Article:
All nations are currently trying to gain direct access to technical documentation. However, Russian policy in this area is to create joint ventures with those countries that acquire weapons, he explains. “Our manufacturing power is currently at full capacity and JVs make it possible to reduce the load. Our people go there to work. So for us it is profitable and promising,” says Kluchnikov.
This prompts Russia to expand its use of offset transactions, an important condition of which is the requirement of investing a portion of the funds of the contract amount into the economy of the country-importer.
Cooperation with Brazil
The establishment of joint production is also being discussed with Brazil. Rostec and the largest weapons manufacturer in Brazil, Odebrecht Defensa e Technologia, signed a memorandum back in 2012 on technological partnership. The cooperation envisages joint development and the creation of a joint venture for manufacturing helicopter equipment, air defence systems, marine equipment, and so on.
Last year, a Brazilian delegation in Moscow conducted negotiations not only about the possibility of acquiring the Pantsir anti-aircraft rocket launcher system and the Igla air defence system but also about the deployment of their licensed production on the territory of the South American giant with the possibility of selling Russian weapons to third countries.
According to the General Director and General Designer of the Machine-Building Design Bureau (KBM) Valery Kashin, the transfer of technology for the manufacture of such weapons as the MPADS (man-portable air defence systems) are under special control, but Brazil might receive approval to sell the MPADS it produces to other countries.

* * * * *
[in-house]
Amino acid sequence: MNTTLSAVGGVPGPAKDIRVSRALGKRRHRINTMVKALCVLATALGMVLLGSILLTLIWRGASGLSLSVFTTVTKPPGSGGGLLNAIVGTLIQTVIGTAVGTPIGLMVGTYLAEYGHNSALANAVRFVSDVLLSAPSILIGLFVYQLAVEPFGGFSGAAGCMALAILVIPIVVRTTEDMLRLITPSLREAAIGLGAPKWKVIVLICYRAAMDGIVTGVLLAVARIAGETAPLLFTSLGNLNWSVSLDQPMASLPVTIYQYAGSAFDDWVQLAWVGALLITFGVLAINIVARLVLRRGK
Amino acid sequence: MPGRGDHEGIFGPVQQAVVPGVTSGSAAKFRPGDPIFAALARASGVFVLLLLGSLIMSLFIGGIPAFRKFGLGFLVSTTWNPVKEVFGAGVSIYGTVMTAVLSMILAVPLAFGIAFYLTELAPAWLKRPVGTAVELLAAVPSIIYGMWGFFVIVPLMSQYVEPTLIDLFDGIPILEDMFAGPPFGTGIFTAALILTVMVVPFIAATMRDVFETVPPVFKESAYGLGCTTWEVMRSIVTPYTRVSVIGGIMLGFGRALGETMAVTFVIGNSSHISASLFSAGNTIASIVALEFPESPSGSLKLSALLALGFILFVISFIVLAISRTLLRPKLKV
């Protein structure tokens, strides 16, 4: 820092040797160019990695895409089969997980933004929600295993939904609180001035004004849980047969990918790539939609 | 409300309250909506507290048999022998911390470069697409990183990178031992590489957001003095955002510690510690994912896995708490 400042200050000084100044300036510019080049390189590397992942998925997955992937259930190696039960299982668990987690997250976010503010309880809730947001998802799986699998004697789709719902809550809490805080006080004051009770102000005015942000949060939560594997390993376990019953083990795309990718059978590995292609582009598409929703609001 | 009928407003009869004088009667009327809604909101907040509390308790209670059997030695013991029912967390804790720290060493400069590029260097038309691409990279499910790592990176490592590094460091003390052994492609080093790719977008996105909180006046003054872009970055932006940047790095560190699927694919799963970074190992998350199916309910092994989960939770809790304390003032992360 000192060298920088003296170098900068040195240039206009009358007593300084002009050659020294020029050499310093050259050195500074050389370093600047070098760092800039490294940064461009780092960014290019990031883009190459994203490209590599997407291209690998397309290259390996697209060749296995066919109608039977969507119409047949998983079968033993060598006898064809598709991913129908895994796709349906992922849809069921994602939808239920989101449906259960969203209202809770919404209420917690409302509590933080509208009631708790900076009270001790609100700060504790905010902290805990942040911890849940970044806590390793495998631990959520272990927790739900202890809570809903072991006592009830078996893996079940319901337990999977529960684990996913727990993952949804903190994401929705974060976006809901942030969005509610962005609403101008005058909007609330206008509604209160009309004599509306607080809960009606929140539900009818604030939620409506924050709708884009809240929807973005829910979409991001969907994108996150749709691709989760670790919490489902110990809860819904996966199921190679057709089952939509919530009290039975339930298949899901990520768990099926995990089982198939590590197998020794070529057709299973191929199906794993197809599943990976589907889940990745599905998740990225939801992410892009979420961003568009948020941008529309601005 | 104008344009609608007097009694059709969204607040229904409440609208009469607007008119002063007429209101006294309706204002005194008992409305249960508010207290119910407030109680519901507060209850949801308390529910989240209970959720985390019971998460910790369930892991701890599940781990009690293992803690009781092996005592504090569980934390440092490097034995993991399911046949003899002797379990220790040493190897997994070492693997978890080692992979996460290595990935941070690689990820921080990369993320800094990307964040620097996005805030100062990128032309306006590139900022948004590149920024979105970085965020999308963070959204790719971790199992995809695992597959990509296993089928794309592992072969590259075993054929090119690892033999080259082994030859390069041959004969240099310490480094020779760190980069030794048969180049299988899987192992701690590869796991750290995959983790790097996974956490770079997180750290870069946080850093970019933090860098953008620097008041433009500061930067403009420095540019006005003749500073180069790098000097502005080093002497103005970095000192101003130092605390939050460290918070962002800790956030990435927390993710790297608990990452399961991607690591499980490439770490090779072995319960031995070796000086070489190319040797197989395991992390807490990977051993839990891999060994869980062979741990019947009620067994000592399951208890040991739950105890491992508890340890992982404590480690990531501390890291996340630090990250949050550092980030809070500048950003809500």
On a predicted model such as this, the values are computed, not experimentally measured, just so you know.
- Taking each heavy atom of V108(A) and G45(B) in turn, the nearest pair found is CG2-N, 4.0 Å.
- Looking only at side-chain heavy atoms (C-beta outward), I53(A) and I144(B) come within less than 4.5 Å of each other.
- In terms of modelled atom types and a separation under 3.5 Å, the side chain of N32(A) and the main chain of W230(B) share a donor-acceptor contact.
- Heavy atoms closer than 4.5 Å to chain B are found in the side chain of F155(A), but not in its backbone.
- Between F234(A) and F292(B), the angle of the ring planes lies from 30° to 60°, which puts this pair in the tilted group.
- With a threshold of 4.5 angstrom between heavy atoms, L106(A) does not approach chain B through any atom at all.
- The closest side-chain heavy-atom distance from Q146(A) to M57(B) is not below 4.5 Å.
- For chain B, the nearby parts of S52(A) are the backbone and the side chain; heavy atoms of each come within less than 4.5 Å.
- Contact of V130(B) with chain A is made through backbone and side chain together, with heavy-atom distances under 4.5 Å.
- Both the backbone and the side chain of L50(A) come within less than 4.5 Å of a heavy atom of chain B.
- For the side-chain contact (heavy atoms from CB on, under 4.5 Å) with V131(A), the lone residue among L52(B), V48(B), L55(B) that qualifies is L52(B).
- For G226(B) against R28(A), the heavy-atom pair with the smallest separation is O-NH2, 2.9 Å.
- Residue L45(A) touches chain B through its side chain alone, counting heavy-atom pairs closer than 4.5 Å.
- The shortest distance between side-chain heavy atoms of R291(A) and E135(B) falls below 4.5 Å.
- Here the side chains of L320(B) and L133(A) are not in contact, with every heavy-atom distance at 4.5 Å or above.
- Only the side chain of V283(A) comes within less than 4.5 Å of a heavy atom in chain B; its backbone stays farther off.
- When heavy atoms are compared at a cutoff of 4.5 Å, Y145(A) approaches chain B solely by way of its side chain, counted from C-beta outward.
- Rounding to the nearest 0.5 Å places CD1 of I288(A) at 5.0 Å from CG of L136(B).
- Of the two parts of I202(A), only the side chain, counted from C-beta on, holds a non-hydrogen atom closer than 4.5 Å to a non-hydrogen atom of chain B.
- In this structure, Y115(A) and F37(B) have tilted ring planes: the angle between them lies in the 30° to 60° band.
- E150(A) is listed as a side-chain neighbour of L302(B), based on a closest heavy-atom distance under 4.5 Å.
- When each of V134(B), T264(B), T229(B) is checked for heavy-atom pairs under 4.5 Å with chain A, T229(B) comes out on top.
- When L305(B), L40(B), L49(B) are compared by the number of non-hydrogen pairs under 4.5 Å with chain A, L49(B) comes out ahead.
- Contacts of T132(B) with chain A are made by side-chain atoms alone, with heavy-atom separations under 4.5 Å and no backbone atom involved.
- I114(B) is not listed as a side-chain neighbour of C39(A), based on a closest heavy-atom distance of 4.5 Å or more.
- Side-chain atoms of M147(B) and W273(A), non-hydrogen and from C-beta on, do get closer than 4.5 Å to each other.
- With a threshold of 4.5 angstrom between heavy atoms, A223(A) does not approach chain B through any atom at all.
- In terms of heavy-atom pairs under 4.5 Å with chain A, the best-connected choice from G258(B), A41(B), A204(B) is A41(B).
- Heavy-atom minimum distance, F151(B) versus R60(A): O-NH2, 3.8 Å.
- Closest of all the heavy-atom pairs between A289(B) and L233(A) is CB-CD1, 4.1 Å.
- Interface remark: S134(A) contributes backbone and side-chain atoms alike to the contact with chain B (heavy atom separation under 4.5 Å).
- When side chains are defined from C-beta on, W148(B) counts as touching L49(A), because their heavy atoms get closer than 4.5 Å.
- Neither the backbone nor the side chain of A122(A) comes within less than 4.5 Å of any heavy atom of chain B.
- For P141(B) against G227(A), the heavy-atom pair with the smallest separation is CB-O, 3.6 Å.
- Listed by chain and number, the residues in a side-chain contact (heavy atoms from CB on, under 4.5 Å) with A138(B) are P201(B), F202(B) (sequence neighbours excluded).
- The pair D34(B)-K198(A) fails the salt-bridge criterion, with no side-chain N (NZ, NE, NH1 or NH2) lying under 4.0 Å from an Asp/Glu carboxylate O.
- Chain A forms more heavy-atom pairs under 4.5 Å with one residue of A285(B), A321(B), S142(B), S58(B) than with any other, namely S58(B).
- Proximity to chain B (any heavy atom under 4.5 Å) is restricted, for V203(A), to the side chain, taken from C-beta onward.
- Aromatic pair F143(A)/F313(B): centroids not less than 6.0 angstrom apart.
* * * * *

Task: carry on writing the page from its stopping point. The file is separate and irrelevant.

In view of the fact that MPADS are considered weapons used by “terrorists” and their manufacture, export, and, all the more so, re-export is kept under strict control on the part of Russia as well as the USA, in accordance with the agreement on the control of MPADS which the countries signed in 2006 the production of the Igla on Brazilian territory is under question.
However, the contract for the purchase of Pantsirs, according to the Russian side, has made it to the home stretch and may be signed in October. While it still remains in the discussion stage, it is clear that it is also includes an offset program: Brazilian firms will service the Russian equipment.
If offset transactions are still “desired” but not “required” in contracts signed between Russia and Brazil, with India, Russia’s main partner, they are mandatory and have been enshrined in the legislation since 2005. According to Indian legislation, when a military contract is signed for more than $49.4 million, the supplier must reinvest at least 30 percent of the total value of the agreement into the Indian economy in one way or another. Within the next few years, India plans to bring the volume of concluded offset transactions to $10 billion.